# Euler product of a Dirichlet function

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• Mar 30th 2010, 07:25 AM
Deadstar
Euler product of a Dirichlet function
I'm so close to this answer but just can't quite get it 100%...

Show that if $\displaystyle f(n)$ is a strongly multiplicative function then the Euler product of its Dirichlet function $\displaystyle D_f (s)$ is of the form

$\displaystyle \prod_p \left ( 1 - \frac{f(p)}{p^s} \right )^{-1}$

What I know...

Since $\displaystyle f(n)$ is strongly multiplicative... It can be written as,

$\displaystyle \prod_p f(p)$ where p is a prime number. (1)

The Dirichlet series I'm after is of the form,

$\displaystyle \sum_{n=1}^{\infty} f(n) n^{-s}$.

Now here's where I kinda get lost. I'll write down exactly what I've been writing down as my answer.

$\displaystyle \sum_{n=1}^{\infty} f(n) n^{-s} = \frac{1}{1 - \frac{f(n)}{n^s}}$ by the geometric series.

So by (1) we can write this as...

$\displaystyle \prod_p \left (1-\frac{f(p)}{p^s} \right )^{-1}$

Is this right? Something about it feels wrong, like I'm not being very rigorous or that I've missed a step...
• Mar 30th 2010, 08:50 AM
tonio
Quote:

Originally Posted by Deadstar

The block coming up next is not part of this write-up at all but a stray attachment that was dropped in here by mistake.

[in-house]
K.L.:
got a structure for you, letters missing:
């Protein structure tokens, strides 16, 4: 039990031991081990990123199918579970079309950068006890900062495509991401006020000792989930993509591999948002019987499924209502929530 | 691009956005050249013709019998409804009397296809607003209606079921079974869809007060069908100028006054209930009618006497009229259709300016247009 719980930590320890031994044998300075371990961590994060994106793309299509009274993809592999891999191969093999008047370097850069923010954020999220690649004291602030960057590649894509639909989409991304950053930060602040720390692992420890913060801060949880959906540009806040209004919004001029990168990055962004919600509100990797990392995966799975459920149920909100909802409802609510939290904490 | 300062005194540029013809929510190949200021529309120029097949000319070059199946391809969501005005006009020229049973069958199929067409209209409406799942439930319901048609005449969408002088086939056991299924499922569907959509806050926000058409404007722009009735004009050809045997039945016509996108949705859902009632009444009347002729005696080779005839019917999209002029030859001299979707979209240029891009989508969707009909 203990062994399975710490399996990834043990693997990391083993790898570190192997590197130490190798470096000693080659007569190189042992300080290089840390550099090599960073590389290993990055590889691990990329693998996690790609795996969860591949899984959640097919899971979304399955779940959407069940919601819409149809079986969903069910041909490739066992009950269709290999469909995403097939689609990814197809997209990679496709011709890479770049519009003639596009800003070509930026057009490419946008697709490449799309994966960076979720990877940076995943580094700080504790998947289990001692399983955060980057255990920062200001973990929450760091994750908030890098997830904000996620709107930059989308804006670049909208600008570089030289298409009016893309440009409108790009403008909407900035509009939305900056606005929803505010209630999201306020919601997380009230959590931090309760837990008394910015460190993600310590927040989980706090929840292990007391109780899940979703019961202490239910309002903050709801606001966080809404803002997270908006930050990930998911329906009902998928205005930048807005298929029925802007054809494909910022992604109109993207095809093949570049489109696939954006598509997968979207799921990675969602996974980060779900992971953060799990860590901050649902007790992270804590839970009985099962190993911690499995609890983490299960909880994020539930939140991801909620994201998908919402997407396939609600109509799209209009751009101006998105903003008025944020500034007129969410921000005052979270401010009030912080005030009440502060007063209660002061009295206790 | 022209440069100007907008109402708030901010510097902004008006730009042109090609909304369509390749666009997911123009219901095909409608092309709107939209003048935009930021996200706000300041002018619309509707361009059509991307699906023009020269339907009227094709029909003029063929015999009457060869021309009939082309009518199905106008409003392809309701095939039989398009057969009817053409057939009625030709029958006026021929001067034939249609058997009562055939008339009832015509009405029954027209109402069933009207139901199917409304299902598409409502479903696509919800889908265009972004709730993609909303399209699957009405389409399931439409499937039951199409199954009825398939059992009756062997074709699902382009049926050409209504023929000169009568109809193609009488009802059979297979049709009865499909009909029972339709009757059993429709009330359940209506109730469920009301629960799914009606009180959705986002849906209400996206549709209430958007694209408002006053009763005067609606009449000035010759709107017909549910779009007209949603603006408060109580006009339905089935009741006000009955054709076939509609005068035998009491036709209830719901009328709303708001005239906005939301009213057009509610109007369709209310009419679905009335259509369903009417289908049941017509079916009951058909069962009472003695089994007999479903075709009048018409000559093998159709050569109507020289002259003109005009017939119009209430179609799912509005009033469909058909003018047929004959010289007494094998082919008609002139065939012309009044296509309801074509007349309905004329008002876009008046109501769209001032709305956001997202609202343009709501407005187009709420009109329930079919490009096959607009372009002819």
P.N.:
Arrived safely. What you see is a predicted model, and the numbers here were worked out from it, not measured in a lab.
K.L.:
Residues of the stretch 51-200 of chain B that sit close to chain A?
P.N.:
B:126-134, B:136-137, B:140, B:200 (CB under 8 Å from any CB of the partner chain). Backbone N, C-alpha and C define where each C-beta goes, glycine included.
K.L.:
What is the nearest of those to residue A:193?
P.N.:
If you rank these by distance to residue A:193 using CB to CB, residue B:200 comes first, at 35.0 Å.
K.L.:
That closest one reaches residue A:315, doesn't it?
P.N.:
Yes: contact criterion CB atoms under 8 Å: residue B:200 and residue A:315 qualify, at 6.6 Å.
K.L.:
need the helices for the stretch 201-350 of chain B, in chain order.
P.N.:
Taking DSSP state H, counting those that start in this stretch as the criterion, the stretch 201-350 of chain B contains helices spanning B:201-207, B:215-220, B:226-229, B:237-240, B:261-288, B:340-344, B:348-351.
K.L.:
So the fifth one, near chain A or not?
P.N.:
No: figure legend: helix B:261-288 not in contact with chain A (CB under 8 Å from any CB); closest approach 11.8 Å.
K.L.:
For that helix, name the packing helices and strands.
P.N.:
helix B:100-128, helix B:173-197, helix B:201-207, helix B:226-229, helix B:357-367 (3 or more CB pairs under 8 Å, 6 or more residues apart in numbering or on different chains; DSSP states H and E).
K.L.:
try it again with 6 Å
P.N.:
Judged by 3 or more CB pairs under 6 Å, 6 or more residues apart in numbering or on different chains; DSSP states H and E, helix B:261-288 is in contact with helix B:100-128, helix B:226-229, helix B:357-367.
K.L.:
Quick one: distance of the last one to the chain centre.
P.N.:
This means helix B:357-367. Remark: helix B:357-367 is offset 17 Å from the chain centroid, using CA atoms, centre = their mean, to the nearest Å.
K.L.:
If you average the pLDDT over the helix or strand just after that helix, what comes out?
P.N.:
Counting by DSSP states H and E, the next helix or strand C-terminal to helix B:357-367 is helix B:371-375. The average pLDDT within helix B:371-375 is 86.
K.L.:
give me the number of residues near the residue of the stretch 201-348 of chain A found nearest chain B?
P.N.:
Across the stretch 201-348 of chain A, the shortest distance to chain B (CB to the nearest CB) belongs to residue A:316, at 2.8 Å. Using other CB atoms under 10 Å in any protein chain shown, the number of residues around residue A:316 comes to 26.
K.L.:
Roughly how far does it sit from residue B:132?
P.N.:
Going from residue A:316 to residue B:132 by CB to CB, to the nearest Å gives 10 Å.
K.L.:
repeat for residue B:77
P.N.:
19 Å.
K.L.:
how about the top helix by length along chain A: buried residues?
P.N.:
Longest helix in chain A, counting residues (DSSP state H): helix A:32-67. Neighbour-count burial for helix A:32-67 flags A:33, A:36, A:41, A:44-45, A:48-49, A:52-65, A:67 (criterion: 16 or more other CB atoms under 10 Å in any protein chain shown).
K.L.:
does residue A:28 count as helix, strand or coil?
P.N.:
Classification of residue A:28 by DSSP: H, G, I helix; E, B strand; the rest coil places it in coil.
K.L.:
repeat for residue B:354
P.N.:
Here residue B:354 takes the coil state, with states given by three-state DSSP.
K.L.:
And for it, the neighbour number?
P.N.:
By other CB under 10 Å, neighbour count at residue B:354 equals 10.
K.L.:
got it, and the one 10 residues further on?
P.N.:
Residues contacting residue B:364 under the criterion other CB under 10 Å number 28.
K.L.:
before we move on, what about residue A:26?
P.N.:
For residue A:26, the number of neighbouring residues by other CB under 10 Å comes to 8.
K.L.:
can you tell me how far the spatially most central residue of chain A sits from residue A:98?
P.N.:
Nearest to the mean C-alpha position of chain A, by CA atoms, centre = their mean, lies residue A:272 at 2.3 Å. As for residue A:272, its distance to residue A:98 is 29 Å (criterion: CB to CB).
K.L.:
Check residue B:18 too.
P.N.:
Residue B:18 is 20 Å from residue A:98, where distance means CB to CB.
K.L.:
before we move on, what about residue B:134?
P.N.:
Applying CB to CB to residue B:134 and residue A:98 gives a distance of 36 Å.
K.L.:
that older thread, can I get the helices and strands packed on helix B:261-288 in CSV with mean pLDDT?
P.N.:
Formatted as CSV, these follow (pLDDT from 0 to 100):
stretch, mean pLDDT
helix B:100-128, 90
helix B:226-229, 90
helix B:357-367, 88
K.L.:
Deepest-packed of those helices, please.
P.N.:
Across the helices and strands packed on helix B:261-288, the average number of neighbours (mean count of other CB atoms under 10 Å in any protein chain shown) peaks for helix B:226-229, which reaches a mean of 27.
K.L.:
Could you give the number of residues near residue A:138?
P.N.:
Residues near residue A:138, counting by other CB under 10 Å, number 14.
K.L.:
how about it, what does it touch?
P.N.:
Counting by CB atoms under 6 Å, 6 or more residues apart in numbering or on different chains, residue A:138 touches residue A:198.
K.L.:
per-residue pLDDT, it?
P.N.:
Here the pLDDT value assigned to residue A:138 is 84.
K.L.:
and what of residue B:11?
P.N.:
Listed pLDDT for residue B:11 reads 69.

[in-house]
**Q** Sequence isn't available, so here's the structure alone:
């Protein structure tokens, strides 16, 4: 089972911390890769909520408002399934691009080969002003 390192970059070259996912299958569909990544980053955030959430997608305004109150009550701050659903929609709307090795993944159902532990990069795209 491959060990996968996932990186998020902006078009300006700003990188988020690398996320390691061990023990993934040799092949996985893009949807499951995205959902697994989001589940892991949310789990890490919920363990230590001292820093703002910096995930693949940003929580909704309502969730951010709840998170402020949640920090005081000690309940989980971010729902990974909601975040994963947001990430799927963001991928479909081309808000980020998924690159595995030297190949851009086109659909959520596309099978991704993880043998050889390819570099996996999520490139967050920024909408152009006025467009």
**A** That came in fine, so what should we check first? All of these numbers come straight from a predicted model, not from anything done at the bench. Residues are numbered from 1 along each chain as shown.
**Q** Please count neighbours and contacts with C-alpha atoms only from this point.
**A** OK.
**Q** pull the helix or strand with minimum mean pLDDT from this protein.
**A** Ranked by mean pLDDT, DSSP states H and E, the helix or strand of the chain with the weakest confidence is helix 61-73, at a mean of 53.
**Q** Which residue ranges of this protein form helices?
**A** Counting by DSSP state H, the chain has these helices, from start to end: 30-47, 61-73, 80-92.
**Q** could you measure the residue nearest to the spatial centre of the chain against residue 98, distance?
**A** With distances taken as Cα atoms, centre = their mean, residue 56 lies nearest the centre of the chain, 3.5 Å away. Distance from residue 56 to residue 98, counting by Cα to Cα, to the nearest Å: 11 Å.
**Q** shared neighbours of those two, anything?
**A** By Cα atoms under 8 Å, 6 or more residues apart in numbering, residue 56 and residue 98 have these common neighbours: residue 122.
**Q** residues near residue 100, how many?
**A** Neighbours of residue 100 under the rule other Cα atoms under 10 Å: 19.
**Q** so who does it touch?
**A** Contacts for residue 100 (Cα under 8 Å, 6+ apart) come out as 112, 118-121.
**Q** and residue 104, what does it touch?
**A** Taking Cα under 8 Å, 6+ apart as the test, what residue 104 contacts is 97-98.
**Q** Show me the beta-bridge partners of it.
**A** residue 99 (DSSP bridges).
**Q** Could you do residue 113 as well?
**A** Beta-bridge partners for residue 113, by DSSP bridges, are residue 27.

I'm so close to this answer but just can't quite get it 100%...

Show that if $\displaystyle f(n)$ is a strongly multiplicative function then the Euler product of its Dirichlet function $\displaystyle D_f (s)$ is of the form

$\displaystyle \prod_p \left ( 1 - \frac{f(p)}{p^s} \right )^{-1}$

What I know...

Since $\displaystyle f(n)$ is strongly multiplicative... It can be written as,

$\displaystyle \prod_p f(p)$ where p is a prime number. (1)

The Dirichlet series I'm after is of the form,

$\displaystyle \sum_{n=1}^{\infty} f(n) n^{-s}$.

Now here's where I kinda get lost. I'll write down exactly what I've been writing down as my answer.

$\displaystyle \sum_{n=1}^{\infty} f(n) n^{-s} = \frac{1}{1 - \frac{f(n)}{n^s}}$ by the geometric series.

So by (1) we can write this as...

$\displaystyle \prod_p \left (1-\frac{f(p)}{p^s} \right )^{-1}$

Is this right? Something about it feels wrong, like I'm not being very rigorous or that I've missed a step...

It looks just fine to me: since the function is completely (or totally or, as you say, strong) multiplicative, it's easy to see that $\displaystyle \sum^\infty_{n=1}f(x)=\prod^{}_{p,\,a\,\,prime}\le ft(1-f(p)\right)^{-1}$, so its Dirichlet series $\displaystyle \sum^\infty_{n=1}\frac{f(n)}{n^s}$ fulfills what you wrote.

Tonio